The American Dream Is Dead, What Do We Do?

Mychal Denzel Smith, author of "Stakes is High," on why we have to be ready to take to the streets

Photo by David Geitgey Sierralupe via Flickr
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In Mychal Denzel Smith’s latest book, Stakes Is High: Life After the American Dream, he writes of America at a reckoning point, one where we as a country will either choose freedom, or where we will allow Donald Trump to stay in power despite enacting openly racist and violent policies on Black, Brown, Indigenous people, targeting LGBQTIA individuals and women, and daily legislations that continue to assault the climate.

In Stakes Is High, Smith challenges us to recognize that the American dream is a fiction which never existed, to acknowledge that America has always implicitly or explicitly endorsed white supremacy, and asks white liberals to openly recognize the pain, frustration, and grief experienced by non-white communities. It’s a book that is beautiful, grim, yet hopeful of a future in which we choose to act collectively and work together to create a new narrative of America, one which provides for all of her people, but to act quickly, because climate change is imminent.

Smith is the author of the New York Times bestseller Invisible Man, Got the Whole World Watching. His work has appeared in the New York Times, Washington Post, Harper’s, The Nation, and more.

Smith and I spoke by Zoom about facing American mythology, coming to an abolitionist position, the need for imagination, and readying ourselves for revolution.


Deirdre Sugiuchi: You describe Trump’s rise as a backlash, akin to what happened after Reconstruction. How does Donald Trump connect to past figures, especially in this present moment?

Mychal Denzel Smith: If you were in charge of writing a Hollywood script in which (Trump) was a villain, they would send this script back to you and be like, “You are making him too evil.” This is like Andrew Jackson rolled up with Nixon, the complete racism of both, but Andrew Jackson ascends as this figure in the protection of white supremacy that speaks to this populist idea. Trump is doing the same, but doesn’t actually care. At the same time he is a complete antagonist of Black and indigenuous individuals and is enacting violence on them, but with the obvious corruption of the Nixon administration, rhetoric of law and order, and in a way that speaks to people in coded racist language, but then he strips all that bare.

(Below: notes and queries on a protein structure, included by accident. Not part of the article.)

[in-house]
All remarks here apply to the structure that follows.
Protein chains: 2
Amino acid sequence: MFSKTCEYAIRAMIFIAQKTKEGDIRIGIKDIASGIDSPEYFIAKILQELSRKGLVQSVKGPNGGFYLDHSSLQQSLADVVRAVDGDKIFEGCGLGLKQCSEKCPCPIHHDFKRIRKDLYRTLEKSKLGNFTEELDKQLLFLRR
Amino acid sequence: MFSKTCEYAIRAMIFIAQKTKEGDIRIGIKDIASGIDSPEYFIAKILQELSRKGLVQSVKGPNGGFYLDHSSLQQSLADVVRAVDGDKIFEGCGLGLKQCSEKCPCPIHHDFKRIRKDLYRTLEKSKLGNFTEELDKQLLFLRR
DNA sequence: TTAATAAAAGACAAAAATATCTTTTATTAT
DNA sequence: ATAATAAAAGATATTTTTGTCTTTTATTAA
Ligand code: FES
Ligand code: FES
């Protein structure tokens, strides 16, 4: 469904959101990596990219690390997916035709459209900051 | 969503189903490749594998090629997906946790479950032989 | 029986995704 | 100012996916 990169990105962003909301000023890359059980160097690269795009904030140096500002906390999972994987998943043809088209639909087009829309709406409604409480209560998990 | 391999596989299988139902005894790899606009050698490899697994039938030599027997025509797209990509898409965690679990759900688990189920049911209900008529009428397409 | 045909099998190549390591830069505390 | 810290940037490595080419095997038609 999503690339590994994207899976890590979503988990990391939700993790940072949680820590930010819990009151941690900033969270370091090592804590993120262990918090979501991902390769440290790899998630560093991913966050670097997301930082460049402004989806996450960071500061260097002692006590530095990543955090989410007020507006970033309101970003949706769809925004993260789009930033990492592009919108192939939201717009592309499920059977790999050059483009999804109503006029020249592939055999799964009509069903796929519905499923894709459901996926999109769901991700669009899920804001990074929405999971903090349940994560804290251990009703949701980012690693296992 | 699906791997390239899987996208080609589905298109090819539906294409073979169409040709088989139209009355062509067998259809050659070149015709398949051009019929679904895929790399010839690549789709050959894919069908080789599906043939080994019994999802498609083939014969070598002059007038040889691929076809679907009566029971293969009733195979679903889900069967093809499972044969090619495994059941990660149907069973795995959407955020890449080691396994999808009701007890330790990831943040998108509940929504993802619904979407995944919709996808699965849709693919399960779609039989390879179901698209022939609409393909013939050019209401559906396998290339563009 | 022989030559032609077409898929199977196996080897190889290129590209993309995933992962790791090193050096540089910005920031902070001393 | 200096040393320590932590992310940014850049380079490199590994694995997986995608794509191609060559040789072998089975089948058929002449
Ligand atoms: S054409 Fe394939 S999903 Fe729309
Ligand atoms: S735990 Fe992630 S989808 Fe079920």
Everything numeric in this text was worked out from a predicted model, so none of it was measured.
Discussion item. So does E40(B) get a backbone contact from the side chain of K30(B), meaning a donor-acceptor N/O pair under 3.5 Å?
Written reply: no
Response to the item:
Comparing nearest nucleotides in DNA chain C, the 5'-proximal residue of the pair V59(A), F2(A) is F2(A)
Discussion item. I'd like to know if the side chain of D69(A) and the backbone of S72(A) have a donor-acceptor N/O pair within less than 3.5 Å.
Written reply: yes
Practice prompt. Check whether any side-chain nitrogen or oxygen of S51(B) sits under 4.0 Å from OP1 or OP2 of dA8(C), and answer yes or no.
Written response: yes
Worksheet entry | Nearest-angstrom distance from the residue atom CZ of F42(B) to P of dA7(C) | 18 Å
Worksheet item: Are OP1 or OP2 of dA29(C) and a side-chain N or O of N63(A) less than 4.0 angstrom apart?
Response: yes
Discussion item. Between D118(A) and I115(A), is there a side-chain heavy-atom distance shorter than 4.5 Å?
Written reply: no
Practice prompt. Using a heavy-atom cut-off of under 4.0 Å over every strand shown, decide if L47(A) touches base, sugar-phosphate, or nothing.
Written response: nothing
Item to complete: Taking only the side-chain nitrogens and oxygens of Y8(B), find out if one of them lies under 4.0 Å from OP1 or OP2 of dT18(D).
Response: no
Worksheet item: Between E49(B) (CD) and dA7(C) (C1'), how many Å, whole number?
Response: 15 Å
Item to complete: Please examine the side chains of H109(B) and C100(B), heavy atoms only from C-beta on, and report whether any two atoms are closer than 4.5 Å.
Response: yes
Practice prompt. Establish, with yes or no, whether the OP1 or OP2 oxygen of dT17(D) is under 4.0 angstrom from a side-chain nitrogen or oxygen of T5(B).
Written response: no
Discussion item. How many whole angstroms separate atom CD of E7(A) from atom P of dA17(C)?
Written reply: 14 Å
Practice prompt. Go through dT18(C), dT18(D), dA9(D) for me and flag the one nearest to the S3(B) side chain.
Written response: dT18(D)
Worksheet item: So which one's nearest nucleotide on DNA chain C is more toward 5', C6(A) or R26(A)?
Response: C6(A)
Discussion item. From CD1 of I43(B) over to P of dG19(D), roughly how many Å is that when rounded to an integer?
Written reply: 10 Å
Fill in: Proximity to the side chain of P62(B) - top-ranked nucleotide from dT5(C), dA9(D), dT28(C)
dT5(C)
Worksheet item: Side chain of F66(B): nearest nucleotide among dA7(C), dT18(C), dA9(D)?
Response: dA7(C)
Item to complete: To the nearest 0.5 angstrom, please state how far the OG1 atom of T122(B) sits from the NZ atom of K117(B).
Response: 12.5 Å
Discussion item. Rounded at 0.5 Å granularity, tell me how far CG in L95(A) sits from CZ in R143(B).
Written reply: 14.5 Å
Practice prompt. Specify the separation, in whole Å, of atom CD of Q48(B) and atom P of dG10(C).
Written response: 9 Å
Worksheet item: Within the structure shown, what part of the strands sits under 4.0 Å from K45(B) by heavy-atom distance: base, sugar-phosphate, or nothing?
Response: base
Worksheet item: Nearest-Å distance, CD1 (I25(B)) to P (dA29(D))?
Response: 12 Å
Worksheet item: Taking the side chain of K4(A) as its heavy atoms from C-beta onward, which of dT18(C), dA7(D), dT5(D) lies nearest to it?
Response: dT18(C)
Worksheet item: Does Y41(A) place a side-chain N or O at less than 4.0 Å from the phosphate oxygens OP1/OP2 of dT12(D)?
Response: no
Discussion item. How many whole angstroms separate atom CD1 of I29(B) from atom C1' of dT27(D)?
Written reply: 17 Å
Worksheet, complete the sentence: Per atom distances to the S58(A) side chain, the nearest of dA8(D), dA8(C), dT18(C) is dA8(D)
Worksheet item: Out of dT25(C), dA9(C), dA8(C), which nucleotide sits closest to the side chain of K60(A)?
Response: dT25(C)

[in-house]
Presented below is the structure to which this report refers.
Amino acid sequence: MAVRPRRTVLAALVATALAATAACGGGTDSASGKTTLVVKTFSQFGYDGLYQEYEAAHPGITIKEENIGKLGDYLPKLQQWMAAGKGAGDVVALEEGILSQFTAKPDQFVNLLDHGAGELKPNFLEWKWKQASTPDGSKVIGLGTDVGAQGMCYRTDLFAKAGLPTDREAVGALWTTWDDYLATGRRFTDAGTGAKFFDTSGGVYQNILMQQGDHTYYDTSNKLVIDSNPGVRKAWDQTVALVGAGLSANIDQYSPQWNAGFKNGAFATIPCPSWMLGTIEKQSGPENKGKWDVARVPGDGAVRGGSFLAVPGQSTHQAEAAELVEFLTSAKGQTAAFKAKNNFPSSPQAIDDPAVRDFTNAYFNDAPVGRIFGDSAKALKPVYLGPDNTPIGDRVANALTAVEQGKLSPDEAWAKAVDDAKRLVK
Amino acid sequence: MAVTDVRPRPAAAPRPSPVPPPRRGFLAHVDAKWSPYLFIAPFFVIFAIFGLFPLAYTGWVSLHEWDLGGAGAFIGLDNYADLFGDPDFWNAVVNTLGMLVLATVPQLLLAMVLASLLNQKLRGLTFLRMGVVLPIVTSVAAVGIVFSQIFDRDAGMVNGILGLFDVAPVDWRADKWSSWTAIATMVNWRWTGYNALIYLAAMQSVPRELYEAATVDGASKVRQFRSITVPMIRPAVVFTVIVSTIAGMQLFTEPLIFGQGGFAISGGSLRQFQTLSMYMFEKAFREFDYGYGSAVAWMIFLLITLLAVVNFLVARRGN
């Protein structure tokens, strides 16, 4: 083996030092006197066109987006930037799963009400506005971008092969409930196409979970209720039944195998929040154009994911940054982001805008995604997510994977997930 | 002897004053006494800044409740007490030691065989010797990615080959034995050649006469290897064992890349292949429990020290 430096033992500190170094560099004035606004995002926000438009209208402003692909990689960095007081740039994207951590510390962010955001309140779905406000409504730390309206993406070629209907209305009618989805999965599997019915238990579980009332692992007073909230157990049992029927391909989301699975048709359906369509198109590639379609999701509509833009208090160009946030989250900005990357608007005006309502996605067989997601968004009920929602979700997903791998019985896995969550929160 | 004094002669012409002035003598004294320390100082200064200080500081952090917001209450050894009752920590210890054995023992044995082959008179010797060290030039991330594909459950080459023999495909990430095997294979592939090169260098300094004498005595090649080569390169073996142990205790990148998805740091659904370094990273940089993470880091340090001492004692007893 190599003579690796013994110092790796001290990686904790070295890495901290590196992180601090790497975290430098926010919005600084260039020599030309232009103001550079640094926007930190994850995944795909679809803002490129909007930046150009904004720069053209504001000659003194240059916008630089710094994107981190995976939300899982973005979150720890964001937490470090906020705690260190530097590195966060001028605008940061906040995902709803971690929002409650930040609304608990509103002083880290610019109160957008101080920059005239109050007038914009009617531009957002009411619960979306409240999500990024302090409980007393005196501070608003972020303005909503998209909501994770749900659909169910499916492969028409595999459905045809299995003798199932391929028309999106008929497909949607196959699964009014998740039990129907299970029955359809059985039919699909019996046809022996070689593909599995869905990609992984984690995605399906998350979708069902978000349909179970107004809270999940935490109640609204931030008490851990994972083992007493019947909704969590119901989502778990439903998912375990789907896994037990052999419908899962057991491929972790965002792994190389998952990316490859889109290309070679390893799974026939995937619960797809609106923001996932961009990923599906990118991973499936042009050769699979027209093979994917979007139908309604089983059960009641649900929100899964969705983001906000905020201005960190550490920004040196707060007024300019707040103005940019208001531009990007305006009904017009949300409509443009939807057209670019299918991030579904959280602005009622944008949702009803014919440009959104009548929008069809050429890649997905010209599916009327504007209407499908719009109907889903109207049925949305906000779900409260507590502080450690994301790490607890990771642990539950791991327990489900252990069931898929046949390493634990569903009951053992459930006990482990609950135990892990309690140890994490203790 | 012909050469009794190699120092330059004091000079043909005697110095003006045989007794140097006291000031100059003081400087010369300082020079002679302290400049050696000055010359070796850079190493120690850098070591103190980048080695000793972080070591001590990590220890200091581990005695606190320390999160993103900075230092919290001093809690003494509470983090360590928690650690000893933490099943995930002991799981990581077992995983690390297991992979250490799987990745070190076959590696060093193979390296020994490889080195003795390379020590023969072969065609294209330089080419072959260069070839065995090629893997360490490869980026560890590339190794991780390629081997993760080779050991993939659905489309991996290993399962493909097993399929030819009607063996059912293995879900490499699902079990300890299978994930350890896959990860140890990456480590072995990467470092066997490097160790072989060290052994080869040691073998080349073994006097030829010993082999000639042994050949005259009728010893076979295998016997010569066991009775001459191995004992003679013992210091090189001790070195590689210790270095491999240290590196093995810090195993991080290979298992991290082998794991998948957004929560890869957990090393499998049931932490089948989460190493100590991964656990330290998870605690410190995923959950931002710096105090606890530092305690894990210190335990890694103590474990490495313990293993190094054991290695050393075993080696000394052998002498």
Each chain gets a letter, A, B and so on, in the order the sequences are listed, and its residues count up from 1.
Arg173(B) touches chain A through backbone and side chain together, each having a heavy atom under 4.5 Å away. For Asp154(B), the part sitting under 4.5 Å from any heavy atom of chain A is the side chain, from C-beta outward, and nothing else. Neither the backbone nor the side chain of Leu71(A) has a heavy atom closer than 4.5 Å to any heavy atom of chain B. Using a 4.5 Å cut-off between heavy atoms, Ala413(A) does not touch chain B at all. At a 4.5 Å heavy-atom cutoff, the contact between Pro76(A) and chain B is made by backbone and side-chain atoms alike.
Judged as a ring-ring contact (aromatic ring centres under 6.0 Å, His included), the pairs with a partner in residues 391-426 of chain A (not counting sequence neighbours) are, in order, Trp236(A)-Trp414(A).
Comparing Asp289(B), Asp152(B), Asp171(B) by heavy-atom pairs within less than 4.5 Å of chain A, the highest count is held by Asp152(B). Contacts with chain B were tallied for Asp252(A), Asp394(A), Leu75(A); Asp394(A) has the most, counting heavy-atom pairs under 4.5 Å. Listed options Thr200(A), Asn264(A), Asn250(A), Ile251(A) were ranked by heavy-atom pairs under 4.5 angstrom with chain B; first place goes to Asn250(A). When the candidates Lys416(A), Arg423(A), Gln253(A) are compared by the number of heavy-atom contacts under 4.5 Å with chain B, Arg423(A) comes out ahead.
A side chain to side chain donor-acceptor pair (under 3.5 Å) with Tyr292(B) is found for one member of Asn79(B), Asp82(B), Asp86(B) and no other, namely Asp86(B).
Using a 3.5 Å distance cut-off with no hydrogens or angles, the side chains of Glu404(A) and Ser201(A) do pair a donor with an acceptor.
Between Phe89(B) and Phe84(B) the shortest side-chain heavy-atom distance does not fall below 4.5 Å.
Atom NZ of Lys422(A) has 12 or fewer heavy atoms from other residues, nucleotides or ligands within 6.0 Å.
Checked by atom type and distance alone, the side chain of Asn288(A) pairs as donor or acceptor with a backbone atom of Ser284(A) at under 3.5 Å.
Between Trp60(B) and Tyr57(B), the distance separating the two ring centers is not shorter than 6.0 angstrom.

If you were in charge of writing a Hollywood script in which Trump was a villain, they would send this script back and be like, ‘You are making him too evil.’

We can talk all day about the limitations of representational politics, and all my issues with Barack Obama during and after his presidency, but even given all that, what (Obama) did represent for a section of this country was that the American identity was changing and that they would no longer have claim to all the things that American empire bestows upon those who have been traditionally in power. That riled them up. They didn’t want anymore to be fed the code language and Donald Trump nakedly said all the quiet parts loud. He started his campaign talking about Mexico sending rapists to this county. That’s not anywhere even close to the rhetoric in the years preceding. 

DS: He erased the facade. Our policies aren’t any different.

MDS: Not even close. There are particular cruelties to the Trump administration that we can point to, but it’s just accelerated on the Trump timeline. People want to say there wasn’t a policy of family separation under the Obama years. They floated it! The Muslim ban, suddenly people were pulling up old George Bush quotes because he said “we respect Islam as a religion.” He respected it so much that he bombed the shit out of all Muslim-led countries!

All Trump did was say, “Yes we don’t want those people” but it’s a continuation. If we are making our history much shorter and we only view Trump violence as its own set, and not indicative American violence as it has expressed itself throughout history, then it’s going to look worse.

DS: Right Because we’ve never admitted what America’s history is.

MDS: The entirety of American history that I learned in school was built on alternative facts from the jump. To not contend with that means that you’ll always be surprised when someone starts lying to you within the state, within positions of power, because you’ve been trained to believe that there is an American story that is true. 

DS: That ties into a major theme of your book, America’s unwillingness to admit that racism and poverty exist. Can you expound upon that?